Status of Original Painting – For Sale
All prices are in Canadian dollars
Size: 12 x 20 inches
Medium: Watercolour on 300 lb Arches
“What’s that sound?” asked Lisa and then we looked up and spotted a Downy Woodpecker in a cluster of birch trees. He was drilling away in a characteristic four-tap rhythm. I can say “he” because the male has red markings on the back of his head, which the female lacks. My zoom lens was well suited for capturing him.
Convergent evolution has resulted in two birds that look very similar, the Downy Woodpecker (Dryobates pubescens) and Hairy Woodpecker (Leuconotopicus villosus). Both can be found throughout Newfoundland. This one can be recognized as a Downy Woodpecker because of its shorter length, a bill shorter than the diameter of its head, and white spotting on its outer tail feathers.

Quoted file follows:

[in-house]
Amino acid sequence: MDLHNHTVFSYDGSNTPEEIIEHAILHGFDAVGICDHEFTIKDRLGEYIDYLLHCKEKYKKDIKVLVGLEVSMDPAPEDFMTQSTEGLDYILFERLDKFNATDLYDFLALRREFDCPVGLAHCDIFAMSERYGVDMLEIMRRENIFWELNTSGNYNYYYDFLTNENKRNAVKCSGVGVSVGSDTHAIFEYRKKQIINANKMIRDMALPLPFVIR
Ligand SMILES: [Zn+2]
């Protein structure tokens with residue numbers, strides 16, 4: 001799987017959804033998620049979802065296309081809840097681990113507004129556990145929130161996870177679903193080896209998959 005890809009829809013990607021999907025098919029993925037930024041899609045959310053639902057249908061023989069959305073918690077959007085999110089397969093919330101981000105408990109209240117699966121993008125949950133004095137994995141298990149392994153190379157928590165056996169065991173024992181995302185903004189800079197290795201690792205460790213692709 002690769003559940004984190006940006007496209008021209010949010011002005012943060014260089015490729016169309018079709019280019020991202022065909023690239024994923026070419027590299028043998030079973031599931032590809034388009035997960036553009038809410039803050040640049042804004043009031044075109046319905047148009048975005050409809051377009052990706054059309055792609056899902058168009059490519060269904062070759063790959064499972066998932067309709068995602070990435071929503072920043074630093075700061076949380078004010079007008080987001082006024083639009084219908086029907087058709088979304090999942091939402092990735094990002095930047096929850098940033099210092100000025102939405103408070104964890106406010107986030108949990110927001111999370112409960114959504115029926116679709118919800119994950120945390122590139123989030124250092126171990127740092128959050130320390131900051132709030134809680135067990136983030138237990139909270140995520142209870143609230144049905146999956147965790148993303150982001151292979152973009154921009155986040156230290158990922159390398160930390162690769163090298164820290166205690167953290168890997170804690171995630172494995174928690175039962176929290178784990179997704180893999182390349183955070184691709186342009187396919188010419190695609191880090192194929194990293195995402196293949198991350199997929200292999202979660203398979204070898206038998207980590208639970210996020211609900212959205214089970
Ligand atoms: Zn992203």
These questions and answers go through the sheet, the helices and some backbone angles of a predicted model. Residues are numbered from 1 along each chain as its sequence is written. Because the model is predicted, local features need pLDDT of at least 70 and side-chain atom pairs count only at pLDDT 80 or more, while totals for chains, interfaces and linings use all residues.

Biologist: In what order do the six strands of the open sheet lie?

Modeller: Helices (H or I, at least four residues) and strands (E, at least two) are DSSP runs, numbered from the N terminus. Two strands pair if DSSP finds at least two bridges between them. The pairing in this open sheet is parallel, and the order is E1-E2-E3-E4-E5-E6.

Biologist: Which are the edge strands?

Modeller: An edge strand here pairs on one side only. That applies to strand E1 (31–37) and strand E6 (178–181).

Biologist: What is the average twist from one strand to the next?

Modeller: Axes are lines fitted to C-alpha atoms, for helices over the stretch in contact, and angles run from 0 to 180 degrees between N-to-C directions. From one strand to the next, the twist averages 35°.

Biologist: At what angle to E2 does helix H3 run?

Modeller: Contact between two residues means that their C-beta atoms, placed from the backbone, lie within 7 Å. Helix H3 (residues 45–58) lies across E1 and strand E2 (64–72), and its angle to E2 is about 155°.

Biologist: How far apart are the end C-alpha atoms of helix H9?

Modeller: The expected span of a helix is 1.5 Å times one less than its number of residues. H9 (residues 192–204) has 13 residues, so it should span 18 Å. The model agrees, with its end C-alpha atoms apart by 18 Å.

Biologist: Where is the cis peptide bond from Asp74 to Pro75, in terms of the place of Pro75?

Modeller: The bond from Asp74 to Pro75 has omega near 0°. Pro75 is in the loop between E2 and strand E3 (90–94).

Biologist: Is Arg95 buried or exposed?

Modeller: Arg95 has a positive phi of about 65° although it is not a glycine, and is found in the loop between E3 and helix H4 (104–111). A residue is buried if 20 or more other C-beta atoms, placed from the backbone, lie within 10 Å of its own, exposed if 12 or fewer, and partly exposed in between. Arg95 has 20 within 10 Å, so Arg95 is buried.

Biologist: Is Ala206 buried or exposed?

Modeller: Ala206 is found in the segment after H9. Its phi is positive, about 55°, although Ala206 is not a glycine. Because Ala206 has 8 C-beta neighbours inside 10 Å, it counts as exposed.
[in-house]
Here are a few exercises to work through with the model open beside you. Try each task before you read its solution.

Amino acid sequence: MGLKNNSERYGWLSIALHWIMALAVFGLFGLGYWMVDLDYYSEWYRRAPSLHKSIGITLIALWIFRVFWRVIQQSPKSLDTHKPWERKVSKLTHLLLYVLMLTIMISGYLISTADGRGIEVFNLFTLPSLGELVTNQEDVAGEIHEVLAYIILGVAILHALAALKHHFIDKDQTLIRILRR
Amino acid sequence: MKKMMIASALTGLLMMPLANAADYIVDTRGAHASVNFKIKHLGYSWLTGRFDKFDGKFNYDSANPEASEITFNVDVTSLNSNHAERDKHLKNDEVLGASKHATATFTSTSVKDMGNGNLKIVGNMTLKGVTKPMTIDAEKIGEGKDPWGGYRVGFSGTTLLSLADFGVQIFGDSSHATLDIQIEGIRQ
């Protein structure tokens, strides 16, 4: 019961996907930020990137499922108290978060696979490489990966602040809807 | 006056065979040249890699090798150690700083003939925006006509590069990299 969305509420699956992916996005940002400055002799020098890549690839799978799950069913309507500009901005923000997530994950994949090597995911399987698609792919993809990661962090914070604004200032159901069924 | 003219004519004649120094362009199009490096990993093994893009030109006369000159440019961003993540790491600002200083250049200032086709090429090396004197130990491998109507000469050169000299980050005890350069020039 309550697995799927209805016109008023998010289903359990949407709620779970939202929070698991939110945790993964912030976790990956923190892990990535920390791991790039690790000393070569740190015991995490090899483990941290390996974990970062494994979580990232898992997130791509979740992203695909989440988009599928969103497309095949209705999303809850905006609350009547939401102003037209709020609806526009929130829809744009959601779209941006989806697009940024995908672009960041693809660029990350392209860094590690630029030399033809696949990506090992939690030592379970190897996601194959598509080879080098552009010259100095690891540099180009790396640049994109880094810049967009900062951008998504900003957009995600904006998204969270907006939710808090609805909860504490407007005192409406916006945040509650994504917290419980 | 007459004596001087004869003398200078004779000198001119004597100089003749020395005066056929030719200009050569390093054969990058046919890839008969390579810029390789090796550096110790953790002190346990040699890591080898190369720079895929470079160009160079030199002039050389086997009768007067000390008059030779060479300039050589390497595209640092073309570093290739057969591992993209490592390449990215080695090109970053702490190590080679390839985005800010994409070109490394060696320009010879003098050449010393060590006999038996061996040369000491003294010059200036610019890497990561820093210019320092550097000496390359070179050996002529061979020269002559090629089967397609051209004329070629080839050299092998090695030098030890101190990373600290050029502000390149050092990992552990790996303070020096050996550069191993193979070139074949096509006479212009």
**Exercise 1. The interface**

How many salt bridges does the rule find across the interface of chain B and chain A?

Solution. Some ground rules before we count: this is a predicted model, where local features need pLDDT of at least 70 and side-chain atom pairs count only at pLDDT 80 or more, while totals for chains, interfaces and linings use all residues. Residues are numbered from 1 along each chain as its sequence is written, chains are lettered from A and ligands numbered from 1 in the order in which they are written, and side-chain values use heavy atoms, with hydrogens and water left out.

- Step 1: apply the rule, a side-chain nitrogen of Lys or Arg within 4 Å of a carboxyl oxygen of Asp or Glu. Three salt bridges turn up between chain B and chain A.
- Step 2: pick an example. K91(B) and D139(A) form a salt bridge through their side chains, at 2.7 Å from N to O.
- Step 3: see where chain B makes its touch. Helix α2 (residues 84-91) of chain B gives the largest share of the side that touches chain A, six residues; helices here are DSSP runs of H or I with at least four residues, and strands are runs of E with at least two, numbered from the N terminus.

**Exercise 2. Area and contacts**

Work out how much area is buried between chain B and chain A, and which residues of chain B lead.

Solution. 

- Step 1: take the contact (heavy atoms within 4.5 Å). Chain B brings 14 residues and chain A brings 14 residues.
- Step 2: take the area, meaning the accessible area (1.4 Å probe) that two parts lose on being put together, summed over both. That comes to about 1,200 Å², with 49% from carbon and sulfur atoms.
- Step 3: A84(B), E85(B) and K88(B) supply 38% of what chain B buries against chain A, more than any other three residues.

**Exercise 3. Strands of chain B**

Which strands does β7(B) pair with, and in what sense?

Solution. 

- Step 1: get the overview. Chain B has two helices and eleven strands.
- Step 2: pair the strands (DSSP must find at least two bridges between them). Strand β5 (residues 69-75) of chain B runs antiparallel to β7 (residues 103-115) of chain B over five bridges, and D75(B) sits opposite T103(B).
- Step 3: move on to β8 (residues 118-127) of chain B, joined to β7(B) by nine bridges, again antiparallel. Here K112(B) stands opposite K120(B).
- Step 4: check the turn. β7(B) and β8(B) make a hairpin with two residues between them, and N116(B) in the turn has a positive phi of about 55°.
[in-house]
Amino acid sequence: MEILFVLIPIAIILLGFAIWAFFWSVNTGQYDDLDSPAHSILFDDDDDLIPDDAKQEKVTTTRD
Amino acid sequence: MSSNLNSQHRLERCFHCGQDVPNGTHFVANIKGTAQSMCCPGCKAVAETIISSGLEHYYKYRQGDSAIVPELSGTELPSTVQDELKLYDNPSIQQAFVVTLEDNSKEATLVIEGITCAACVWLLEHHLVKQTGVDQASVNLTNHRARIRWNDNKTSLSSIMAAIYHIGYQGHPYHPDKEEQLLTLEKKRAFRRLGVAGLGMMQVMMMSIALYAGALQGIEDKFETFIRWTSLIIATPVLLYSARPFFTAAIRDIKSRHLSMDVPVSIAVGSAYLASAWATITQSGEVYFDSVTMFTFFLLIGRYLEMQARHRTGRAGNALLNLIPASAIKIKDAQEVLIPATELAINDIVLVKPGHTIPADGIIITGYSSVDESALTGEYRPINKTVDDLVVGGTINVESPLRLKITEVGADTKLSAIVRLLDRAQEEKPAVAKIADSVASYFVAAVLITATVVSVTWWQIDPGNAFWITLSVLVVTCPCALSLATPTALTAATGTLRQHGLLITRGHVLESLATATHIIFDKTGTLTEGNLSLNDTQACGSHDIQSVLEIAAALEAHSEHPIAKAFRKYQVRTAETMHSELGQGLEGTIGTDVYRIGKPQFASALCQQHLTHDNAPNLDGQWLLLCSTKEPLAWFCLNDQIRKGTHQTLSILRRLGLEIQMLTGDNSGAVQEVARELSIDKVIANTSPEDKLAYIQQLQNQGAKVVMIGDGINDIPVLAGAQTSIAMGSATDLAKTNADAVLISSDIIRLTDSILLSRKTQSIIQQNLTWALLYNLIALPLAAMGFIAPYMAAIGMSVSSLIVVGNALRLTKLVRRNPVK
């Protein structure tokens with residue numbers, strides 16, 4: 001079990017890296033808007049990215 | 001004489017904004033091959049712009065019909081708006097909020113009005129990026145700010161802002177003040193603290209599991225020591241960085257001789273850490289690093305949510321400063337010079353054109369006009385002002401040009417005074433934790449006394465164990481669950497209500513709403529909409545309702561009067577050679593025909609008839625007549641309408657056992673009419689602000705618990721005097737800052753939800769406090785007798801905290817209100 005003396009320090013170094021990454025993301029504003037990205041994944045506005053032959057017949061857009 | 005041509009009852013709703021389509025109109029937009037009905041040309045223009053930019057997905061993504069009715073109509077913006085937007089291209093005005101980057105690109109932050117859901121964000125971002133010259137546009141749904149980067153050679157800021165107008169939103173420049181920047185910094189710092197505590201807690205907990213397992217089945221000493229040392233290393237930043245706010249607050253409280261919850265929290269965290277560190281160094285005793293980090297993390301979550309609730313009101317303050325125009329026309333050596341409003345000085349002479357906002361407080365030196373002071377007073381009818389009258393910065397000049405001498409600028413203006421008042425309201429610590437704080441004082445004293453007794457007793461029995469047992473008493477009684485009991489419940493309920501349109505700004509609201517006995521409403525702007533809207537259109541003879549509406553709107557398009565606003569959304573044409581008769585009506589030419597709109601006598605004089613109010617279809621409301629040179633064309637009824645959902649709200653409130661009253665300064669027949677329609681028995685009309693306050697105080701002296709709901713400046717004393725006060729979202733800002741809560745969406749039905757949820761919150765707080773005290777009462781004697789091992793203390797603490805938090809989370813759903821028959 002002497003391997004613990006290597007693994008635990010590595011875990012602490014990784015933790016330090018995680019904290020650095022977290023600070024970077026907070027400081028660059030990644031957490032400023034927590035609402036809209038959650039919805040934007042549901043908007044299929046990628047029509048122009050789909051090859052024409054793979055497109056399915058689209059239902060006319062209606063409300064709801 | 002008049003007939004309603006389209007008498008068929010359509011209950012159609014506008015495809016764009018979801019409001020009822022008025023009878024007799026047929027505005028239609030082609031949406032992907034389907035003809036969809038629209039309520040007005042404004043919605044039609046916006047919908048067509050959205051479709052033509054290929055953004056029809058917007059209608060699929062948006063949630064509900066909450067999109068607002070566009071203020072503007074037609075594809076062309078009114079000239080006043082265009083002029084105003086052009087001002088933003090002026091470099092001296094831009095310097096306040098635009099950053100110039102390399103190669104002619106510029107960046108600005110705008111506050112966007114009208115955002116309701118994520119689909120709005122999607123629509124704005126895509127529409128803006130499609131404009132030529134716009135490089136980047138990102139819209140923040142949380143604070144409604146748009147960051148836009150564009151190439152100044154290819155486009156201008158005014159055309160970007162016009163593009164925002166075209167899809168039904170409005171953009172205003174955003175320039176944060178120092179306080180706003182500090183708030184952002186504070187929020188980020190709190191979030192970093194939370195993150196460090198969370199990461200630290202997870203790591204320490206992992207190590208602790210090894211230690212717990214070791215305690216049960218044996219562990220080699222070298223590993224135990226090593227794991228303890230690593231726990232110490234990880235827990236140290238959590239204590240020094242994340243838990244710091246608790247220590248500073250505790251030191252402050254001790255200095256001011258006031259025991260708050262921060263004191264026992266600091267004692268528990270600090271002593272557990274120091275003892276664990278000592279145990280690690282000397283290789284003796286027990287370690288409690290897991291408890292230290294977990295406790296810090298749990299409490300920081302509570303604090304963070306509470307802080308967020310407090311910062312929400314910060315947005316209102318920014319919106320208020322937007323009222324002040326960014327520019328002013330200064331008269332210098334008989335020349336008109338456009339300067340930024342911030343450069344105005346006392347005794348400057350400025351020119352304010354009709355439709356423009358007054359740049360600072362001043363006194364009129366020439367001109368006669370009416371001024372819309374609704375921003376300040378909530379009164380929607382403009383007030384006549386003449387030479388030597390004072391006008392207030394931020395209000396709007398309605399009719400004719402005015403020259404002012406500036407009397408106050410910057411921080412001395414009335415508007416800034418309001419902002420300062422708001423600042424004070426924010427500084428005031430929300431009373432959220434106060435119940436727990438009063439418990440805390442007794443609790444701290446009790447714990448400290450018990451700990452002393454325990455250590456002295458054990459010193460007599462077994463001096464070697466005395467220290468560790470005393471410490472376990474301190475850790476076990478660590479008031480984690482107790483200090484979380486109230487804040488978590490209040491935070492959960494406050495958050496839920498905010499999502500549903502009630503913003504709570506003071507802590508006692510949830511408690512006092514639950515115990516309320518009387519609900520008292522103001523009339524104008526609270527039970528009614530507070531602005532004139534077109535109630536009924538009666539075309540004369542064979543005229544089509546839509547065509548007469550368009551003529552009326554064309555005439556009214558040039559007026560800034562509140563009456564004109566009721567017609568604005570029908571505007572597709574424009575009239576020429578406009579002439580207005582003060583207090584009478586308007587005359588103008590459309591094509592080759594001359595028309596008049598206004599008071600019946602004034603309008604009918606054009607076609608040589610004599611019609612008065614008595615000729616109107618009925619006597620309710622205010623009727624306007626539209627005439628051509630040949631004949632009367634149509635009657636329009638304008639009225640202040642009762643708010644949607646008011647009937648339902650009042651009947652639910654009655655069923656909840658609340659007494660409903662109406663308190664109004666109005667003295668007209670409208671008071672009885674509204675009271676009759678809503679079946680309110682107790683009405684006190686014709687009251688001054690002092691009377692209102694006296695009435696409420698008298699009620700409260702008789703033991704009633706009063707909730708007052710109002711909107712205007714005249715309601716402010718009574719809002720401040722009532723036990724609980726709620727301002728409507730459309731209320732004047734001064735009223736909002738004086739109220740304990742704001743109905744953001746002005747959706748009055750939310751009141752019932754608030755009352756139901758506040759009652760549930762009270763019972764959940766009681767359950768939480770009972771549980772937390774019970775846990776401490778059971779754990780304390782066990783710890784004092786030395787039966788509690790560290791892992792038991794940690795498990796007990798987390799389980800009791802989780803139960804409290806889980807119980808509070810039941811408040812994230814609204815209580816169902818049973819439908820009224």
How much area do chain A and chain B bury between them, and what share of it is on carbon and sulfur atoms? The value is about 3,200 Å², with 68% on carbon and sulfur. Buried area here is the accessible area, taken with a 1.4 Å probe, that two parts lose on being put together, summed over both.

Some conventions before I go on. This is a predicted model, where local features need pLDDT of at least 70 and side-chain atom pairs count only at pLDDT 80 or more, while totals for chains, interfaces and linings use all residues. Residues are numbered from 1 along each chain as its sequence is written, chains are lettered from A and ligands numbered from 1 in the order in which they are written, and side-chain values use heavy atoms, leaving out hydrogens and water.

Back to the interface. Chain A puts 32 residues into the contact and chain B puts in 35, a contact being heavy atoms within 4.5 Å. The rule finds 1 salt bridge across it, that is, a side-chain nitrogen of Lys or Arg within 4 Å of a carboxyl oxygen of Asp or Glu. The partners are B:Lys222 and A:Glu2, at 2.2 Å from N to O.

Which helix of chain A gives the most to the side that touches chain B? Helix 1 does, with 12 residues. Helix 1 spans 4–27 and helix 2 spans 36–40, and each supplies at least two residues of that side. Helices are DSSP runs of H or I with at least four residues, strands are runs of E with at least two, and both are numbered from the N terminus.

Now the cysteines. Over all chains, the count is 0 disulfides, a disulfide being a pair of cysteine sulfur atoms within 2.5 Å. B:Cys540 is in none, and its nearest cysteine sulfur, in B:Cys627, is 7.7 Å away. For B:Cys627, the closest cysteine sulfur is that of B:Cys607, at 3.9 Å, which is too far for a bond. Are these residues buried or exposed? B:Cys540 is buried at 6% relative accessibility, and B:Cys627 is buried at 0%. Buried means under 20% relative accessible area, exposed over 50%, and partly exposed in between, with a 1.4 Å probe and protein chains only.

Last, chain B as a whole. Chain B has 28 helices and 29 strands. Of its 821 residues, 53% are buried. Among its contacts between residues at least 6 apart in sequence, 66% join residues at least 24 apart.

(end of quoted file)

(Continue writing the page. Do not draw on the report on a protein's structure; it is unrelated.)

We were in Chance Cove at the time, but a louder version of that drumming echoed throughout the house this past spring when one of these woodpeckers decided to mark his territory by using one of the metal chimney caps as an amplifier.
Soon after I began this painting, I thought of calling it “Downy on Birch” for two reasons. First that it’s a Downy Woodpecker on a birch tree, and second that the birch tree has downy fungal growth covering it (the result of being so close to water). And then I realized that the white or hairy birch the woodpecker is perched upon is properly called a Downy Birch (Betula pubescens), and so the title has a triple meaning!